His advisers and his wife Zeresh said to him (Haman), “Since Mordecai, before whom your downfall has started, is of Jewish origin, you cannot stand against him—you will surely come to ruin!” Esther 6:13

(From Constable’s Commentary) Haman’s “friends evidently realized that unseen forces were maintaining the blessing that they had observed following the Jews.”

How surprising! Haman’s advisers realized that despite the Jews’ misfortune of being a captive people, blessing and protection still followed them. So much so, they told Haman he wouldn’t be able to stand against Mordecai. They were right. Haman is impaled on the very structure he intended for Mordecai’s demise. His plans to destroy the Jews are thwarted and by the end of chapter 8 we read: “And many people of other nationalities became Jews because fear of the Jews had seized them” (Esther 8:17).

However, God’s plans are never thwarted. He always intended that other nations would see the blessing of living under his government and would freely choose to join his people. In becoming Jews, they acknowledged the One true God. Perhaps their motives weren’t entirely pure. Since Haman’s death may have caused many to fear for their lives, Nevertheless, they saw the God of the Jews intervene to protect his people, so there was good reason to join them.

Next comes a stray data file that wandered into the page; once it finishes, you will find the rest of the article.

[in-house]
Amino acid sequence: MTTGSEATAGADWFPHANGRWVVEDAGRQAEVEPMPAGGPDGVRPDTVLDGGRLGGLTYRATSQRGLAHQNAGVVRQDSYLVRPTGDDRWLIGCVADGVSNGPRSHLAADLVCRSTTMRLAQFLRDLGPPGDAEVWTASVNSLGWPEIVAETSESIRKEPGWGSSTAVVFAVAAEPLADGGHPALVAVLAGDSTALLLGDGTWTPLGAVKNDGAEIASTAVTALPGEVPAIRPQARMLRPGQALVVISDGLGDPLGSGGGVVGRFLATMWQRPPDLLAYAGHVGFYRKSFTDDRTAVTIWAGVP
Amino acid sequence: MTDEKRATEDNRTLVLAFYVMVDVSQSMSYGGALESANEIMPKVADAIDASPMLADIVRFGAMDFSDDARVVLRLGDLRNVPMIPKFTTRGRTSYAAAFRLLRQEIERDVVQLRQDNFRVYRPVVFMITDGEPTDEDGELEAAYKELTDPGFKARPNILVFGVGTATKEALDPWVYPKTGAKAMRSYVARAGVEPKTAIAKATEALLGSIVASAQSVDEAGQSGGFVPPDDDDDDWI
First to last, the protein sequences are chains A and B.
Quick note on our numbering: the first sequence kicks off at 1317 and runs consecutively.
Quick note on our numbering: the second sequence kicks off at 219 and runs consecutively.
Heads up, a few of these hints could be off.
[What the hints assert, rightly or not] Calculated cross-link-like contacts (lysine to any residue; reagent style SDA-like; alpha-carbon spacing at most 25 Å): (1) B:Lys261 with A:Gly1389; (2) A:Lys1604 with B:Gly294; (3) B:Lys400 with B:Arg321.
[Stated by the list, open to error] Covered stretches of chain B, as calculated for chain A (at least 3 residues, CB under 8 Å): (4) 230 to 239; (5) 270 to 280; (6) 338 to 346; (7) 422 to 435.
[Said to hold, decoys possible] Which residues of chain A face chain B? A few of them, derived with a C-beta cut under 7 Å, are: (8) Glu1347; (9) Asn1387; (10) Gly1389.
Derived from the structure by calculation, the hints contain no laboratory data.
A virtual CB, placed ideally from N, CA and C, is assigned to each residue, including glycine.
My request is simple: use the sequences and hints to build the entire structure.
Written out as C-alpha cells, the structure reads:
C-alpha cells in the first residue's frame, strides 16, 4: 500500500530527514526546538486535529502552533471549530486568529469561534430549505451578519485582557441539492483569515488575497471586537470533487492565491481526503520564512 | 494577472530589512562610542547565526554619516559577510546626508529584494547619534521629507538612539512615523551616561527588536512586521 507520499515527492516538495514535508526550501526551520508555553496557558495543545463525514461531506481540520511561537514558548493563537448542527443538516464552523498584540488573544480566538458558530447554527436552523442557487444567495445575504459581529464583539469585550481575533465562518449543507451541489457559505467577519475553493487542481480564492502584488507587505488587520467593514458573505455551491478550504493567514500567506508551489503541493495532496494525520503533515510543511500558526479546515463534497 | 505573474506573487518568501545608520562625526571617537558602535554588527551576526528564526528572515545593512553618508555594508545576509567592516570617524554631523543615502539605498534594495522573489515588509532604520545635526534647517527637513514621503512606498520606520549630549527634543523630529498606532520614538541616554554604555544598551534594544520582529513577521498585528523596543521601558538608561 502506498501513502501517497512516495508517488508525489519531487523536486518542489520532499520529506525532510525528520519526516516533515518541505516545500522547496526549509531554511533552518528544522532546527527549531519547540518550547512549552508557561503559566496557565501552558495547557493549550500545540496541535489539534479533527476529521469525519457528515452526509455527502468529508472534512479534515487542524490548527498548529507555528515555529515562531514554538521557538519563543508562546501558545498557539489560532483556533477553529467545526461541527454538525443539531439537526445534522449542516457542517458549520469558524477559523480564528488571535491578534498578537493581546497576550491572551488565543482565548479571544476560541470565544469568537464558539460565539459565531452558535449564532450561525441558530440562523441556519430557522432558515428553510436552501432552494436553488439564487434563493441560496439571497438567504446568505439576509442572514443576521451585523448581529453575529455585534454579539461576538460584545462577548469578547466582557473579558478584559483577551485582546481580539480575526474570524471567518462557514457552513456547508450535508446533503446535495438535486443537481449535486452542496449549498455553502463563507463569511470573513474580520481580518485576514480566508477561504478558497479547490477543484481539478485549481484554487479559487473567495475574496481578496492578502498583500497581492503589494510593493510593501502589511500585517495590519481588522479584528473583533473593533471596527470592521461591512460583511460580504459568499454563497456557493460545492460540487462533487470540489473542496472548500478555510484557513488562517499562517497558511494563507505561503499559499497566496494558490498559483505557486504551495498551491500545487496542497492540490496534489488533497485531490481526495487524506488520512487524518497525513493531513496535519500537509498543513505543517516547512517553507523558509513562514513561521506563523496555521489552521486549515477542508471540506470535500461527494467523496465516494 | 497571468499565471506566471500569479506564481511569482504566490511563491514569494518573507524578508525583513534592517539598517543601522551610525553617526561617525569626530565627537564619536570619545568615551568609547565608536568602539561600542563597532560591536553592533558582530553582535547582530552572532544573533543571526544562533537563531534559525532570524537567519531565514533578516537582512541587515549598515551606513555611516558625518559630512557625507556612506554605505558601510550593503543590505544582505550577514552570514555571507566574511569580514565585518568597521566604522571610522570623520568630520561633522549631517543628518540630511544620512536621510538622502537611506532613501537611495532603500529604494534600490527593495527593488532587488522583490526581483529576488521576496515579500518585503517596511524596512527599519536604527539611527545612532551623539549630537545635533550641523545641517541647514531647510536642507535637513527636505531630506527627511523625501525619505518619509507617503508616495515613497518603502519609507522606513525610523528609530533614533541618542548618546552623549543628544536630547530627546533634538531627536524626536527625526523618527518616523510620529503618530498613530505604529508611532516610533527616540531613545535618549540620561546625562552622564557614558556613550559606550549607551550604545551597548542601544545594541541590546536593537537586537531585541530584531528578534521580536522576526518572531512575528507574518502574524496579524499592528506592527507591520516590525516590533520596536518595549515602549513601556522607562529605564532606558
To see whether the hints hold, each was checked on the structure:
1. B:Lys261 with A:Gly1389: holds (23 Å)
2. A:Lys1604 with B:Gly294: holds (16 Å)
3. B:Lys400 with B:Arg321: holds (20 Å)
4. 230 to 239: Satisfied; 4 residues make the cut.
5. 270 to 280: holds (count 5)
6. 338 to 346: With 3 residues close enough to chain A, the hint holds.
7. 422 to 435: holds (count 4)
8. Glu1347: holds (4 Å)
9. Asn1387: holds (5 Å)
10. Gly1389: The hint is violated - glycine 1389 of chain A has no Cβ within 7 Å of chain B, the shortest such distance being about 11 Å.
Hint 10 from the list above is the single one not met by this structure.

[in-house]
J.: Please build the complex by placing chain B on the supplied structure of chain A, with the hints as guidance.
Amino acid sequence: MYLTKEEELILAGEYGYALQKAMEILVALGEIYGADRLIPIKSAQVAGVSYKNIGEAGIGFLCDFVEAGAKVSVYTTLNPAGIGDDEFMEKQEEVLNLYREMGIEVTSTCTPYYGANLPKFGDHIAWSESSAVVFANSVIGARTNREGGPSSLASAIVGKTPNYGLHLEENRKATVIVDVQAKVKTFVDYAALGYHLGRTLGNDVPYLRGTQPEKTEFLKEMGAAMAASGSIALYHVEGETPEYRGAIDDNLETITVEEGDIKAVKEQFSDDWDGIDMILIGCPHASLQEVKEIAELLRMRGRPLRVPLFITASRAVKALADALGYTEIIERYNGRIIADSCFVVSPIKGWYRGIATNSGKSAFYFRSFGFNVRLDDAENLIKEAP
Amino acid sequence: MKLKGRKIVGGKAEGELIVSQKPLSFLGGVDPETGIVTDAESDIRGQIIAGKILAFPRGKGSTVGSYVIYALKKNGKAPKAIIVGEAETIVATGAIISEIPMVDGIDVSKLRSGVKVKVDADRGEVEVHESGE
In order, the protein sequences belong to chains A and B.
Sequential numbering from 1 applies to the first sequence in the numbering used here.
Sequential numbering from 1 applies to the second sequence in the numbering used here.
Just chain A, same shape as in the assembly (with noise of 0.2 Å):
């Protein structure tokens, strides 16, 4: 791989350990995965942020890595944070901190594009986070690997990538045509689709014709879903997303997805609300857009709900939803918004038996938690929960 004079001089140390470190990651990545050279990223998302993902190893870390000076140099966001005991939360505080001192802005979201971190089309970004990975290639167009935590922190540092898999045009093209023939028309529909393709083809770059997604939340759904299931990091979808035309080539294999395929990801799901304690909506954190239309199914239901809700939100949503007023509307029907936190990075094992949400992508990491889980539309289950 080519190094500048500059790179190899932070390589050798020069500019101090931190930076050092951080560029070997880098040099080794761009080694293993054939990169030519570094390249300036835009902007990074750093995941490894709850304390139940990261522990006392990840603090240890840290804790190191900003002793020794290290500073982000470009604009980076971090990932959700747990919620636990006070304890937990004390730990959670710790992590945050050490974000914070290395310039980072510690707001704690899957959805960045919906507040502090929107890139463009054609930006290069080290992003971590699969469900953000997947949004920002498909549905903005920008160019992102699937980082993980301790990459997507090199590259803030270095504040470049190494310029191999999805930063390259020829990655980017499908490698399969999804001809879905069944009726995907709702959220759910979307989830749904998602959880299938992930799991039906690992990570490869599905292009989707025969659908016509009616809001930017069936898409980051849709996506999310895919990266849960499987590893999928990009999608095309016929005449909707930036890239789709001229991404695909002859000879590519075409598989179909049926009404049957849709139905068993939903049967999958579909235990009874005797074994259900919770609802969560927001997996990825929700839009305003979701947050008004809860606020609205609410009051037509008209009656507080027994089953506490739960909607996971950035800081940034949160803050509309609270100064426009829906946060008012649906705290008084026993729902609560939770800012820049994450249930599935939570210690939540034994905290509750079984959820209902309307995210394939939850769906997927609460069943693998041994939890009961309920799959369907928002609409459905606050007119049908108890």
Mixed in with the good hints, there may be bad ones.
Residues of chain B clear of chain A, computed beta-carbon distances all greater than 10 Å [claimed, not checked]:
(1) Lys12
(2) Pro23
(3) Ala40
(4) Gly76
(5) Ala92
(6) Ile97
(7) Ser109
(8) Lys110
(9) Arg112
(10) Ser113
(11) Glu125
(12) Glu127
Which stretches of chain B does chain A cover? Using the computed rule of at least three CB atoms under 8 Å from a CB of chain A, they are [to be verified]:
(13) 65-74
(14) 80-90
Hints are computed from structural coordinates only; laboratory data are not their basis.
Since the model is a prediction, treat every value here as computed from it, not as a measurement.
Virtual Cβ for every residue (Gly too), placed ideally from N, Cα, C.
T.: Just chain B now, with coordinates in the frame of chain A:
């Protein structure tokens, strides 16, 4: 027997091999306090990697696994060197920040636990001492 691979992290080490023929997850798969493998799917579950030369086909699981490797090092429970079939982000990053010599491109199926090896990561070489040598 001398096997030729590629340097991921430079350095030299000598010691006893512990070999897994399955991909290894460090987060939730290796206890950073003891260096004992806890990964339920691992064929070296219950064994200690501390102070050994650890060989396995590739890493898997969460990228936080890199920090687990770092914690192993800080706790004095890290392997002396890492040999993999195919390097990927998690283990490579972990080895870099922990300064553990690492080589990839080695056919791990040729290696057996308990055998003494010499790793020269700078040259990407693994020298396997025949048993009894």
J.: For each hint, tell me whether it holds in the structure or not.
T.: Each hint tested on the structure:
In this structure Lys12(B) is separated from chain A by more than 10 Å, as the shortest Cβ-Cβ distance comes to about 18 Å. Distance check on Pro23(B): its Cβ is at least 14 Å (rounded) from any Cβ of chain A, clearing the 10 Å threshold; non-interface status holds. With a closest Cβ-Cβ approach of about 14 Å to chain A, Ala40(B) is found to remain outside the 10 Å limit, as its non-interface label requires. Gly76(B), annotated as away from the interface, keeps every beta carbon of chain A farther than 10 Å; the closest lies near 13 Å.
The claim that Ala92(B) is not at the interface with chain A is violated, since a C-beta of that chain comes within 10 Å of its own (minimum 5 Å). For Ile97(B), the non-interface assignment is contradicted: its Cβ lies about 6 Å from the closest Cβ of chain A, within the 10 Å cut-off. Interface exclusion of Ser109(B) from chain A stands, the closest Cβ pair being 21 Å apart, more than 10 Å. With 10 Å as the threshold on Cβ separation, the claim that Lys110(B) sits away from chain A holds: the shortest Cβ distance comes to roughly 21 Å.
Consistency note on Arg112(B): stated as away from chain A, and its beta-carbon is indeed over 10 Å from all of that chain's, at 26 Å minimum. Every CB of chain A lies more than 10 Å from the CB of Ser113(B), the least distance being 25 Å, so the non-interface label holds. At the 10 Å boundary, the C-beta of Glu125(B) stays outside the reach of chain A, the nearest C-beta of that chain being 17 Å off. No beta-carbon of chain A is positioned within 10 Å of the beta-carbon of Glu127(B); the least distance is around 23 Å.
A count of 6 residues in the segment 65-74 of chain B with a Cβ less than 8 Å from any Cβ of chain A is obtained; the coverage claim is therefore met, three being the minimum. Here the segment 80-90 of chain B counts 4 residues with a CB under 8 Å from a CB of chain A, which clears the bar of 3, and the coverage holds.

Today, those who know us, look for the difference that God makes in our lives. They aren’t looking for evidence of us destroying physical enemies but rather the spiritual enemies of anger, fear and worry. They are looking at our attitude to show peace amidst trials, joy despite disappointments and love regardless of another’s’ behaviour.

Esther’s story is a complete reversal. Rather than destroying the Jews, Haman’s actions lead to many becoming Jews. What Haman intended for evil, God intended for good.